Sitting on a chair requires no muscle activity at all and it actually hurts us for a number of reasons, says exercise physiologist John P. Porcari. “For one, people tend to slouch and use poor posture, and sitting in a chair puts your abs on ‘slack’ and decreases core strength. Using an exercise ball counteracts both of these things.” Although you can still use poor posture on a ball, sitting properly requires subtle muscle contractions of the core, hip and leg muscles to maintain balance, which contributes to muscle tone.

But there are some drawbacks, says exercise science professor Jessica Matthews. “Sitting on a ball creates an increased load on the lumbar (lower back) spine and discomfort over time. Prolonged periods of sitting, whether in a chair or on an exercise ball, can also lead to poor body mechanics and posture.”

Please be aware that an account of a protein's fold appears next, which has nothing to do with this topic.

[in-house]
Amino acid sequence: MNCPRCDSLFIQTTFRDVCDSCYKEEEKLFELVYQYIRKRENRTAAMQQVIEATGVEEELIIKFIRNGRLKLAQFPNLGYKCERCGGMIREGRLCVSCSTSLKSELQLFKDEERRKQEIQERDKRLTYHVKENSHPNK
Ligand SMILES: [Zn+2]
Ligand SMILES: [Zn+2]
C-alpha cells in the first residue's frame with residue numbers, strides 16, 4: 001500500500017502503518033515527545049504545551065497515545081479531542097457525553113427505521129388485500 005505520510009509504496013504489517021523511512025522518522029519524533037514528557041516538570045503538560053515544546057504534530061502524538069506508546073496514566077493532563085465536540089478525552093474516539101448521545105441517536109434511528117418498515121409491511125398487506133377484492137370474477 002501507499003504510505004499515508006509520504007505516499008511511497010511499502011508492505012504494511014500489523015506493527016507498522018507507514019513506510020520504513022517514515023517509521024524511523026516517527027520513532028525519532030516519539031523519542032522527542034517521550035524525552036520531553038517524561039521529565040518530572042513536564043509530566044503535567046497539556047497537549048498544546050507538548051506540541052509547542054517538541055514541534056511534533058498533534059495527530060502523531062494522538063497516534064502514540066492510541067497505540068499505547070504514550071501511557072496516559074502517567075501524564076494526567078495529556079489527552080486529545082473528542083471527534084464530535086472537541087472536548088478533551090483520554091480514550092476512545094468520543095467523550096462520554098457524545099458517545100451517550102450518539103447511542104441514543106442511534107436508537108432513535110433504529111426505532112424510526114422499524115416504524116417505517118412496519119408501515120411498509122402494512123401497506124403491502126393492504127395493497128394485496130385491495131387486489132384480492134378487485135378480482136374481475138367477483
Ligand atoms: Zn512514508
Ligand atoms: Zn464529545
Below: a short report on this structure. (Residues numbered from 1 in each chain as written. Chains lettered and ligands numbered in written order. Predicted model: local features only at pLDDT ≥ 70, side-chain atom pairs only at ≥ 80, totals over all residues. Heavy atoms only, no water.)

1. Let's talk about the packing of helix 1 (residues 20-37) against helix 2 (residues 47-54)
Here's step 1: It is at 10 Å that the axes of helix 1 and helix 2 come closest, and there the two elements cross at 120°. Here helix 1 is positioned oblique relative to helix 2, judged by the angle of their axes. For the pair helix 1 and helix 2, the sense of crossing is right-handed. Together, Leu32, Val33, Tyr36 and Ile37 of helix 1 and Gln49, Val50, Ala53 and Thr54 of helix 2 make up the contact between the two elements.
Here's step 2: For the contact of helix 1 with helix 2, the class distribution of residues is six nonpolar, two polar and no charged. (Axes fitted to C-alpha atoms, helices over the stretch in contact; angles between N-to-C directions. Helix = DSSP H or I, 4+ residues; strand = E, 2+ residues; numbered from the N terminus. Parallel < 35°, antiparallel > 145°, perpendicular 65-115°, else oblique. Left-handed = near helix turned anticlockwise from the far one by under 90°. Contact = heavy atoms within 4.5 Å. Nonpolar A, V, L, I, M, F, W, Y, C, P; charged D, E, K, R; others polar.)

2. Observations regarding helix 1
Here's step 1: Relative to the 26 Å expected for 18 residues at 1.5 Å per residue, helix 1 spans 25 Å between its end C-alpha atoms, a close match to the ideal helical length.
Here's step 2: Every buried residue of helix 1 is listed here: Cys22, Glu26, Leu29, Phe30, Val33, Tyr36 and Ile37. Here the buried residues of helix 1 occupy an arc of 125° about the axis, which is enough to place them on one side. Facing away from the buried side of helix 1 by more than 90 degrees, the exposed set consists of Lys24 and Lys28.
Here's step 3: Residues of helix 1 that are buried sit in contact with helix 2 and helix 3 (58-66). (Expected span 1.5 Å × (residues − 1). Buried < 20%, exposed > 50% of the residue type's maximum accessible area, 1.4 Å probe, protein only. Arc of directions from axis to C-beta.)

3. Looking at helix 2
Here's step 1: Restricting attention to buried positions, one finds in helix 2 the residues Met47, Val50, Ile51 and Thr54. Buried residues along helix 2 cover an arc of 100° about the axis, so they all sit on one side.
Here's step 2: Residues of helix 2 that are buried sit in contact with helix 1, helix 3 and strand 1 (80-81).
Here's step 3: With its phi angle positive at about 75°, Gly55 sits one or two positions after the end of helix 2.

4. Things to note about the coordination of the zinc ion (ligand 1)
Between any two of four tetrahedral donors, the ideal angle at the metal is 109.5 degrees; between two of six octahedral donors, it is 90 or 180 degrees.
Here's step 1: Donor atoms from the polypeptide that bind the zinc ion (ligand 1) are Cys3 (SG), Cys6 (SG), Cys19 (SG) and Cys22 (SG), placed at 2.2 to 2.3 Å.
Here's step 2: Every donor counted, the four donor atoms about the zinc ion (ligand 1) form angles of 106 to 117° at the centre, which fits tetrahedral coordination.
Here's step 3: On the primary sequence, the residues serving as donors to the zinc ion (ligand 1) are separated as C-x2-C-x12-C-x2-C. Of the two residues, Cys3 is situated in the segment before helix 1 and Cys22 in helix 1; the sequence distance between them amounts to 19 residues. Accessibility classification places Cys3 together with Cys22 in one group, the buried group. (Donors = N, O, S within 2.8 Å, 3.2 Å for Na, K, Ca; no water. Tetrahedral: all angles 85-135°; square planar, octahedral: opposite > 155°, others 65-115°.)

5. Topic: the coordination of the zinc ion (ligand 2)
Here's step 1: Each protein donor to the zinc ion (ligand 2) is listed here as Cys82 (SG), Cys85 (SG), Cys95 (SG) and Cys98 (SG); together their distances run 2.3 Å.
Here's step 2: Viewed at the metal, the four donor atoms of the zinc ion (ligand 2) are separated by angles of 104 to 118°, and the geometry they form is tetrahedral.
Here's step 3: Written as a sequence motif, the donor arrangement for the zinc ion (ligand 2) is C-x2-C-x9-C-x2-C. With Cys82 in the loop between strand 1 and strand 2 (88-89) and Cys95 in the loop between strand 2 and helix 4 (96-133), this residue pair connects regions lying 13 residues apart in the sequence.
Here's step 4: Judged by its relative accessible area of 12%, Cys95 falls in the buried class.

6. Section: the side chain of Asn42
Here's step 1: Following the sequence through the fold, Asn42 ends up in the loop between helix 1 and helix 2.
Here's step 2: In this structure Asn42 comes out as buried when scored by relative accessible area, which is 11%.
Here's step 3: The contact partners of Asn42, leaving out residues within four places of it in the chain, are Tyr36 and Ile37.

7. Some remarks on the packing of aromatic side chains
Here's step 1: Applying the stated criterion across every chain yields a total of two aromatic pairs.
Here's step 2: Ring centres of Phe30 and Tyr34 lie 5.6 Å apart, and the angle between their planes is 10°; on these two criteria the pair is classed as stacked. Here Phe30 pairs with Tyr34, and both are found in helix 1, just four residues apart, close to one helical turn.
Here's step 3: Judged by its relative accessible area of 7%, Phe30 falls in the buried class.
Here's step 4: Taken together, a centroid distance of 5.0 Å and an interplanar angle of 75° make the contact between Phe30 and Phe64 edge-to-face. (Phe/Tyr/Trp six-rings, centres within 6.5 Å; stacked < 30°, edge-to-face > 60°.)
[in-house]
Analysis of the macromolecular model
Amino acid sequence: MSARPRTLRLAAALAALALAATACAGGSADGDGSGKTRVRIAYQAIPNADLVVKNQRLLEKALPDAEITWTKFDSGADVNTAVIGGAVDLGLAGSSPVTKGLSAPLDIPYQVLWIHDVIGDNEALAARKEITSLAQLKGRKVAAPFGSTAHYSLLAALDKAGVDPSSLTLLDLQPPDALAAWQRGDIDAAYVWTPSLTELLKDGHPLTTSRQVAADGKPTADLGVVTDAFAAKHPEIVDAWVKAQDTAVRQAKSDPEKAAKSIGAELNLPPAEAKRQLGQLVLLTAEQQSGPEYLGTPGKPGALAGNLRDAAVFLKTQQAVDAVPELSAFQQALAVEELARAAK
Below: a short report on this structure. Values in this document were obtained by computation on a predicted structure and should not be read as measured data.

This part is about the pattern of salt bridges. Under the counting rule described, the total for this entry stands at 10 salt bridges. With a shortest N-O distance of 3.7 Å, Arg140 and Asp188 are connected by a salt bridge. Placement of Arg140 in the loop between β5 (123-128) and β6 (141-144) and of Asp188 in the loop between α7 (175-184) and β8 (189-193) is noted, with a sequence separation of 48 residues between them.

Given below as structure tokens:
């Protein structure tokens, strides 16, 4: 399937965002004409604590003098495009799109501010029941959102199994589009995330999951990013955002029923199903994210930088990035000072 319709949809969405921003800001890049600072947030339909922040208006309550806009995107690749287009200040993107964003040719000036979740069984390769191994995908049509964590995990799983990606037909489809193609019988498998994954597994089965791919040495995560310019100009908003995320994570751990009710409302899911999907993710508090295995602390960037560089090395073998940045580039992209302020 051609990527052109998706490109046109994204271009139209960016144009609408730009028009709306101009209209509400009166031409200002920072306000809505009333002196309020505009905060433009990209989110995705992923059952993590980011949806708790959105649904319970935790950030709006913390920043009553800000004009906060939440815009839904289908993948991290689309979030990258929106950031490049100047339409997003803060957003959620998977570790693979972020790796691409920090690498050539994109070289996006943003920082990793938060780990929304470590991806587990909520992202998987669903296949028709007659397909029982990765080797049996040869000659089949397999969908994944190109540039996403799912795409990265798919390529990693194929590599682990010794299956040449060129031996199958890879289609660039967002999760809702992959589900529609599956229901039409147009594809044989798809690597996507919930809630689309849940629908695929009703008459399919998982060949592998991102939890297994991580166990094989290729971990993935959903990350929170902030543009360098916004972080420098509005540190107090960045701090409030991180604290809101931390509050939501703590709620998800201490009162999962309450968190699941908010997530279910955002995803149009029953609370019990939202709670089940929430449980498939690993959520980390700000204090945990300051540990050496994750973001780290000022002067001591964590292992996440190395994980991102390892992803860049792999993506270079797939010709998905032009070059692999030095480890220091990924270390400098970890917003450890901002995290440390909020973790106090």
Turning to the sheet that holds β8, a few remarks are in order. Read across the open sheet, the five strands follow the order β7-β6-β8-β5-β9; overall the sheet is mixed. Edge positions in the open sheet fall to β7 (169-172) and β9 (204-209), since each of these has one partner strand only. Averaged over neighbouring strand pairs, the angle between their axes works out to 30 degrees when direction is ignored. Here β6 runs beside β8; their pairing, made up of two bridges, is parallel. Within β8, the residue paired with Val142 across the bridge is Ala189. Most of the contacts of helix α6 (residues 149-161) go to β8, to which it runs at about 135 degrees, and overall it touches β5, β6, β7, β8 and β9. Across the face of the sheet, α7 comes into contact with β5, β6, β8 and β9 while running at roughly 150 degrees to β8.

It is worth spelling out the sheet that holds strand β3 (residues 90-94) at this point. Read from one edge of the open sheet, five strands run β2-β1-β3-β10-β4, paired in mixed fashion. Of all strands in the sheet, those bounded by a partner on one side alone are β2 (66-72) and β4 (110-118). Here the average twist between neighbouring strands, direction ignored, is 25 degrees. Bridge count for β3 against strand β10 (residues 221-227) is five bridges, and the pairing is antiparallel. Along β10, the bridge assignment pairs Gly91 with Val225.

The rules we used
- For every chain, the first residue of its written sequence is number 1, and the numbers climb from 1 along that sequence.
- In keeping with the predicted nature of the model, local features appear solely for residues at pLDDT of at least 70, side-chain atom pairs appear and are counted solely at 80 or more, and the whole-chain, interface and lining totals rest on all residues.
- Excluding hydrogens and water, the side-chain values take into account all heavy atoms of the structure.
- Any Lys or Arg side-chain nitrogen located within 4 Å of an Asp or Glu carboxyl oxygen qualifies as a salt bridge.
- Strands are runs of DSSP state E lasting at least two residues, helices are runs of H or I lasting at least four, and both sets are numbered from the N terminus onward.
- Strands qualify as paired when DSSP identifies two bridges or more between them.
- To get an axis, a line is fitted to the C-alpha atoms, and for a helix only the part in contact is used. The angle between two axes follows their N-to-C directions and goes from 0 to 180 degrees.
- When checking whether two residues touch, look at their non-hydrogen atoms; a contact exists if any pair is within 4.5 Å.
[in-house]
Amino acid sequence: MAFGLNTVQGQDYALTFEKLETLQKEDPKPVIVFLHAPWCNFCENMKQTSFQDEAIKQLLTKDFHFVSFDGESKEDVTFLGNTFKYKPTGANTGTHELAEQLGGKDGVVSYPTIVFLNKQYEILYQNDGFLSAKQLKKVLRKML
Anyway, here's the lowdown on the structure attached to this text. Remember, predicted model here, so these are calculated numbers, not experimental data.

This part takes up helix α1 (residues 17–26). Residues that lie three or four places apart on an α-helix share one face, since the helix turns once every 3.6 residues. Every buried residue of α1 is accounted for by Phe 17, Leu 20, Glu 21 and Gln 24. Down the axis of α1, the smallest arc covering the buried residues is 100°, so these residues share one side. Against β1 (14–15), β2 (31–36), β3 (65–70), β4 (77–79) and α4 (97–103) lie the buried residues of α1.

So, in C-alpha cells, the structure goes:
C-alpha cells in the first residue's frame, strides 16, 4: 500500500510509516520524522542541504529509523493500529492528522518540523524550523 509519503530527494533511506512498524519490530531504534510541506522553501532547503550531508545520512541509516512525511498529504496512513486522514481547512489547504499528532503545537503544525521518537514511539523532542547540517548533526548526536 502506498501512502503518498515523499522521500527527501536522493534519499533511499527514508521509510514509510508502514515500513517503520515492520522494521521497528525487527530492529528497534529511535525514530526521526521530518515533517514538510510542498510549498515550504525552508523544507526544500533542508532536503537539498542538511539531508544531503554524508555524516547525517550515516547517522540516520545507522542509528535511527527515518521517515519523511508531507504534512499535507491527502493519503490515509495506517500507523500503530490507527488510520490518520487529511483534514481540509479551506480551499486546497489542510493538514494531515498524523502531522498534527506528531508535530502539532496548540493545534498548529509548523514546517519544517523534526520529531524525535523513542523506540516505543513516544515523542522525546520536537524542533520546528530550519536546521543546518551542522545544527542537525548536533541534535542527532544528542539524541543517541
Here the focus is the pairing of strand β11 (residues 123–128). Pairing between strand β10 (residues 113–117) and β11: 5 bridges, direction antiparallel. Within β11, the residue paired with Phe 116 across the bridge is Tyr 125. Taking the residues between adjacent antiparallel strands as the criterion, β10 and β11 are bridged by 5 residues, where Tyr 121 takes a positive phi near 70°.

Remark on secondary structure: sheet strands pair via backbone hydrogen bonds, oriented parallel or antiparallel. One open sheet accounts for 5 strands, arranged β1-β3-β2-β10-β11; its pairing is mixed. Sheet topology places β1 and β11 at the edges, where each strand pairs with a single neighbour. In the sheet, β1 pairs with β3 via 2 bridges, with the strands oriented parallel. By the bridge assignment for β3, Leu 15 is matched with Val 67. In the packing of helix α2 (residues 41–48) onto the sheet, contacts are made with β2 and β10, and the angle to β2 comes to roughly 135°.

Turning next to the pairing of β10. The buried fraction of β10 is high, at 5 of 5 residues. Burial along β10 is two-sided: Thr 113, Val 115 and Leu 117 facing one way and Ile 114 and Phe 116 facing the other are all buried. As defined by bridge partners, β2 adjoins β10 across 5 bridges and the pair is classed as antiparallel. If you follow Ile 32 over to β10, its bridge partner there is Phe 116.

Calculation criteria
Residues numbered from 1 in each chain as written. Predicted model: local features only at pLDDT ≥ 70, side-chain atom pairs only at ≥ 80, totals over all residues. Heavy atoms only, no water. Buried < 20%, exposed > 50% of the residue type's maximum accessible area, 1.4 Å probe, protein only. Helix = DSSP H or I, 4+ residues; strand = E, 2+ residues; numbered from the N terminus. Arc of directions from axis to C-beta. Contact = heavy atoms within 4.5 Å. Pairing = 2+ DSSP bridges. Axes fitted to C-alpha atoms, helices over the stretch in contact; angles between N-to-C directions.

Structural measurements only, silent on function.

Instead of swapping one for the other, avoid the “all or nothing” mentality so common in health and fitness, says Matthews. “Instead of ditching your desk chair entirely for an exercise ball or skipping out on using the ball altogether, Matthews recommends alternating between sitting on the two throughout the day.” Try 20 to 30 minutes at a time. And be sure to inflate the ball to its proper height; your thighs should be parallel to the floor when you’re seated on the ball. A 45 cm ball works best for women under 5 feet tall; a 55 cm ball fits women between 5’ to 5’ 7” and a 65 cm ball is best for those 5’8” and over.

The bottom line: Sitting on a stability ball doesn’t automatically improve core strength, but when used correctly and with good posture it offers subtle benefits as an alternate desk chair.